A Twitch streamer under fire for playing through Sonic Forces and requesting a refund from Steam after playing for more than two hours tells Polygon he doesn’t think it’s an issue, despite breaking Valve’s return policy.
WeeGeetheGod, whose real name is Cade McKown, streamed Sonic Forces on Nov. 12, a few days after the game launched. He encountered a number of previously reported bugs as he played, causing for an unpleasant playthrough. During one particular level, McKown screamed on mic for 30 seconds about a sudden crash, while other clips show McKown insulting the developers for Sonic Forces’ overall quality. A number of those clips can be seen below.
It’s the clip below, however, that people are expressing concern over. When McKown beat the game, which took just over two hours and 40 minutes, he then streamed himself asking for a refund from Steam. In the explanation for his request, he didn’t mention the game’s glitches or other problems, but instead wrote that he bought the wrong game.
“Hello, I thought that this was a different Sonic game and I meant to buy another one instead of this one,” McKown’s request read. “I realize that this is the wrong one and I would like to refund it please. Thank you.”
After the screen went dark, McKown was heard telling Sega to “give me my fucking money back.”
Steam’s refund policy states that it will refund players the cost of games bought within a 14-day period and played for less than two hours. McKown beat Sonic Forces in just under three hours. Based on Steam’s guidelines, McKown shouldn’t have been able to ask for a refund.
I purchased Sonic Forces, beat Sonic Forces, and refunded Sonic Forces all in one stream. We call that V A L U E pic.twitter.com/Ya9MQecFrf— WEEGEE THE GOD (@WEEGEETHEGOD) November 13, 2017
McKown told Polygon that Valve didn’t give him a reason for the refund, but said, “if my actions truly did violate/abuse Steam's refund policy, my request would have been denied.”
Viewers started to complain that McKown was abusing the system, but he pointed out that this wasn’t the first time that he’s returned a game live on stream. McKown requested a refund for Call of Duty: Infinite Warfare at the very end of a stream from last November. McKown played the game for just two hours, meeting Steam’s requirements for a refund.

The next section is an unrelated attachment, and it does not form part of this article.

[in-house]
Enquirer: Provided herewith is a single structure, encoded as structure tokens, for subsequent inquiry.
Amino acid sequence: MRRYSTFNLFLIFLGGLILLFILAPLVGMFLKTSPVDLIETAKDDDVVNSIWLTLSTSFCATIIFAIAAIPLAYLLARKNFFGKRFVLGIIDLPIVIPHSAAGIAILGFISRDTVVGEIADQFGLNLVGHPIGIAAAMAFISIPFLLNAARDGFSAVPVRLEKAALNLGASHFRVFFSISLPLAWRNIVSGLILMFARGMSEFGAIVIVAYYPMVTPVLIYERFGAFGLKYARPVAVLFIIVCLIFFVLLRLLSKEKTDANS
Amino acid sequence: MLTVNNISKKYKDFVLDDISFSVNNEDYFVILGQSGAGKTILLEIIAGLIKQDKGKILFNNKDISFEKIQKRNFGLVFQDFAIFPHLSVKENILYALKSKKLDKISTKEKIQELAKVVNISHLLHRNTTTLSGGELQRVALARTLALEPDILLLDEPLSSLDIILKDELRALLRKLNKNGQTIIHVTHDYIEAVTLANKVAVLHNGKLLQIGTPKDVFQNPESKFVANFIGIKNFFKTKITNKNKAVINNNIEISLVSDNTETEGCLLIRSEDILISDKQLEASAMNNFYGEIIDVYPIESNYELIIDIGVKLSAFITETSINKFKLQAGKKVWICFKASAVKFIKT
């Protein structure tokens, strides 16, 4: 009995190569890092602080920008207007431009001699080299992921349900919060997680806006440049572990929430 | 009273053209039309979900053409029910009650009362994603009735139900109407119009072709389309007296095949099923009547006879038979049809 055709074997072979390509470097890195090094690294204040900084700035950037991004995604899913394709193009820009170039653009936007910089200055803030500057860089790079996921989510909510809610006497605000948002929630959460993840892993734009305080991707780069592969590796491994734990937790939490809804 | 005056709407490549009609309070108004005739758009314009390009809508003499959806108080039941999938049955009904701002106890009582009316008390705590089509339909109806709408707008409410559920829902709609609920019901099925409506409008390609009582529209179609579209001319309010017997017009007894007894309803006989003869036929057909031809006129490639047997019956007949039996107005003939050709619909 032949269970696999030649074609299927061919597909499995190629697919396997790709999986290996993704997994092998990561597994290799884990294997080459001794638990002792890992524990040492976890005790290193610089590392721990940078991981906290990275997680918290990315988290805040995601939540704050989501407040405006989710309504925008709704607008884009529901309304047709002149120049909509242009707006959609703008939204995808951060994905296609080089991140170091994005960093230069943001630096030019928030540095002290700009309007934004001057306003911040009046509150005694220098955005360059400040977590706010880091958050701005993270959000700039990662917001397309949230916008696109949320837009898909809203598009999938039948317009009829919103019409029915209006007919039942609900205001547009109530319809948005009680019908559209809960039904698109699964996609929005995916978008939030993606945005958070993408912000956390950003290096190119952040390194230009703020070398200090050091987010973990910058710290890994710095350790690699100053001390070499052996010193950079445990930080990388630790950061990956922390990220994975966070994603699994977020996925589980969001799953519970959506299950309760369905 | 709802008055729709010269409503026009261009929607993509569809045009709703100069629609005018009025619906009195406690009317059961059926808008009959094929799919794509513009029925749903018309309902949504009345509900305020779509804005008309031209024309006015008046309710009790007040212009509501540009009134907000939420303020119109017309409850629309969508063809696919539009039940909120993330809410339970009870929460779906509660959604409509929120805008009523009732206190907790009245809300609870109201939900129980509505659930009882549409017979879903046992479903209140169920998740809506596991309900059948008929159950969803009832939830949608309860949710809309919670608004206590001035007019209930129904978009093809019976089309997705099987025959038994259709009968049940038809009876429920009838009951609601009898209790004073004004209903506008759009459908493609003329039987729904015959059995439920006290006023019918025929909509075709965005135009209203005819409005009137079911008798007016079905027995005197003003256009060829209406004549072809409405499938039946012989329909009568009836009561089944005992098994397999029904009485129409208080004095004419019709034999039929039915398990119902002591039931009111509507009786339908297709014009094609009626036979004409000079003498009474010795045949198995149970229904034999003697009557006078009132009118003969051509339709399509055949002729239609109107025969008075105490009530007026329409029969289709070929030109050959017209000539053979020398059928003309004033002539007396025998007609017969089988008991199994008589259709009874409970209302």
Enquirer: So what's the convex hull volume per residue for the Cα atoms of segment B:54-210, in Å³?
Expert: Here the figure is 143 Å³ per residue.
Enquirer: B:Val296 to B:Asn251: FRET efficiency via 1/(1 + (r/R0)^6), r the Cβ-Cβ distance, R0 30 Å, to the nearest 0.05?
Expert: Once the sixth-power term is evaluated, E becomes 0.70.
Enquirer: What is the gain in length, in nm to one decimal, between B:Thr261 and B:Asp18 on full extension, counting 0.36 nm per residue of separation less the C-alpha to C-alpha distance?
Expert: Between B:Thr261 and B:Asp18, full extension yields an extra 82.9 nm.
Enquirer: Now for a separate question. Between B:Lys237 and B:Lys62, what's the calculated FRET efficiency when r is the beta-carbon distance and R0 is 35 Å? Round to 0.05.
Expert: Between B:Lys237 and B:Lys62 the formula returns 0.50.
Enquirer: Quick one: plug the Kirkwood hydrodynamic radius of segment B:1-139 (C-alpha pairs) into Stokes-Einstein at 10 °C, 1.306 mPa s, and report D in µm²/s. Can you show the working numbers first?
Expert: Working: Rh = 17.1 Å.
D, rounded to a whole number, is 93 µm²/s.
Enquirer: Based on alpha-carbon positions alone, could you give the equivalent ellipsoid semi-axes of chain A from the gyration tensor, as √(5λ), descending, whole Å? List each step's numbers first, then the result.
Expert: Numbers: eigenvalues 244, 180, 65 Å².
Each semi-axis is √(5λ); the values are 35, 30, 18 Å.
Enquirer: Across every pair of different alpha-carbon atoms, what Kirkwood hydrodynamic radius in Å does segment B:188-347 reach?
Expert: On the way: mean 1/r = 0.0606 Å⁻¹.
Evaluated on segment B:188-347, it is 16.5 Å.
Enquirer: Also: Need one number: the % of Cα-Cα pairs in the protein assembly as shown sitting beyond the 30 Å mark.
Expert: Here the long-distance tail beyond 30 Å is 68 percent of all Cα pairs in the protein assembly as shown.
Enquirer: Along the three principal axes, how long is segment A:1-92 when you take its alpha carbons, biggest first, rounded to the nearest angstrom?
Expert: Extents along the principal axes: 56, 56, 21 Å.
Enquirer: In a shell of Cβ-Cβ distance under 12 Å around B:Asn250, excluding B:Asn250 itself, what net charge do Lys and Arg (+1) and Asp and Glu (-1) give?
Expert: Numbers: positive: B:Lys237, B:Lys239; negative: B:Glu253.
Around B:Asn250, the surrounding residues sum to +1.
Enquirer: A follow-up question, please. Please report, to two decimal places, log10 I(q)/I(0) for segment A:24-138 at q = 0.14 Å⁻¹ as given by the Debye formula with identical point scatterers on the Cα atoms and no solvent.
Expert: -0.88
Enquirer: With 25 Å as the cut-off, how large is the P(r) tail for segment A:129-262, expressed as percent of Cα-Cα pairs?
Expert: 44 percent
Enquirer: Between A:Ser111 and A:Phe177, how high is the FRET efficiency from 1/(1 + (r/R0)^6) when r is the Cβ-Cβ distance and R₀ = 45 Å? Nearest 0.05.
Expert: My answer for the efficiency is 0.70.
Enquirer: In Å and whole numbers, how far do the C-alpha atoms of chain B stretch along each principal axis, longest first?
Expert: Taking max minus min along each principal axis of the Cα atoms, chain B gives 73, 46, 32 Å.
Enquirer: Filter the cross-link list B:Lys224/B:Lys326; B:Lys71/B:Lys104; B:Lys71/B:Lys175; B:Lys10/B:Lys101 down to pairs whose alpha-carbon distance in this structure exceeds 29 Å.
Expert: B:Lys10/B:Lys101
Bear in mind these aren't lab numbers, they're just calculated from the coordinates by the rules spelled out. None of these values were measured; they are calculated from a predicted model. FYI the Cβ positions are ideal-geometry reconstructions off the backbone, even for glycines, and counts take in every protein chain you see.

McKown said people are angry with him because they’re under the assumption that he organized the stream with the refund already in mind, which McKown told Polygon isn’t true.
“As hard as it is for some to believe, I played a video game on stream to have fun, not to nefariously milk it for Twitch donations,” McKown said. “After beating the entire game in under three hours and coming to the conclusion that it was absolutely abysmal, I requested a refund with the reason being: ‘It's not fun.’”
People completing short, narrative-based games in under two hours and refunding them afterward isn’t anything new — even if it’s ethically questionable; most stores won’t accept a DVD for return just because someone hated the movie — but it’s McKown’s gameplay session, which goes on for longer than two hours, that people are taking issue with. In a video review by videogamedunkey, for example, the YouTube personality points out that Sonic Forces can be finished in exactly three hours, exceeding the refund policy requirement. That means Valve can refuse to give customers their money back for it, should they try to refund Sonic Forces after beating the game.
“On Steam, you can only return a game that you’ve played for less than two hours,” videogamedunkey said. “Very strategically, Sonic Team made sure this game was actually three hours long, which is just a brilliant move by them.”
Other people have noted on Twitter they’ve also received refunds for playing more than two hours of Sonic Forces. Polygon has reached out to Valve for further information on Steam’s return policy, as well as the stream, and will update when we hear back.
Update: We've corrected one instance in this story where McKown was spelled McKowan.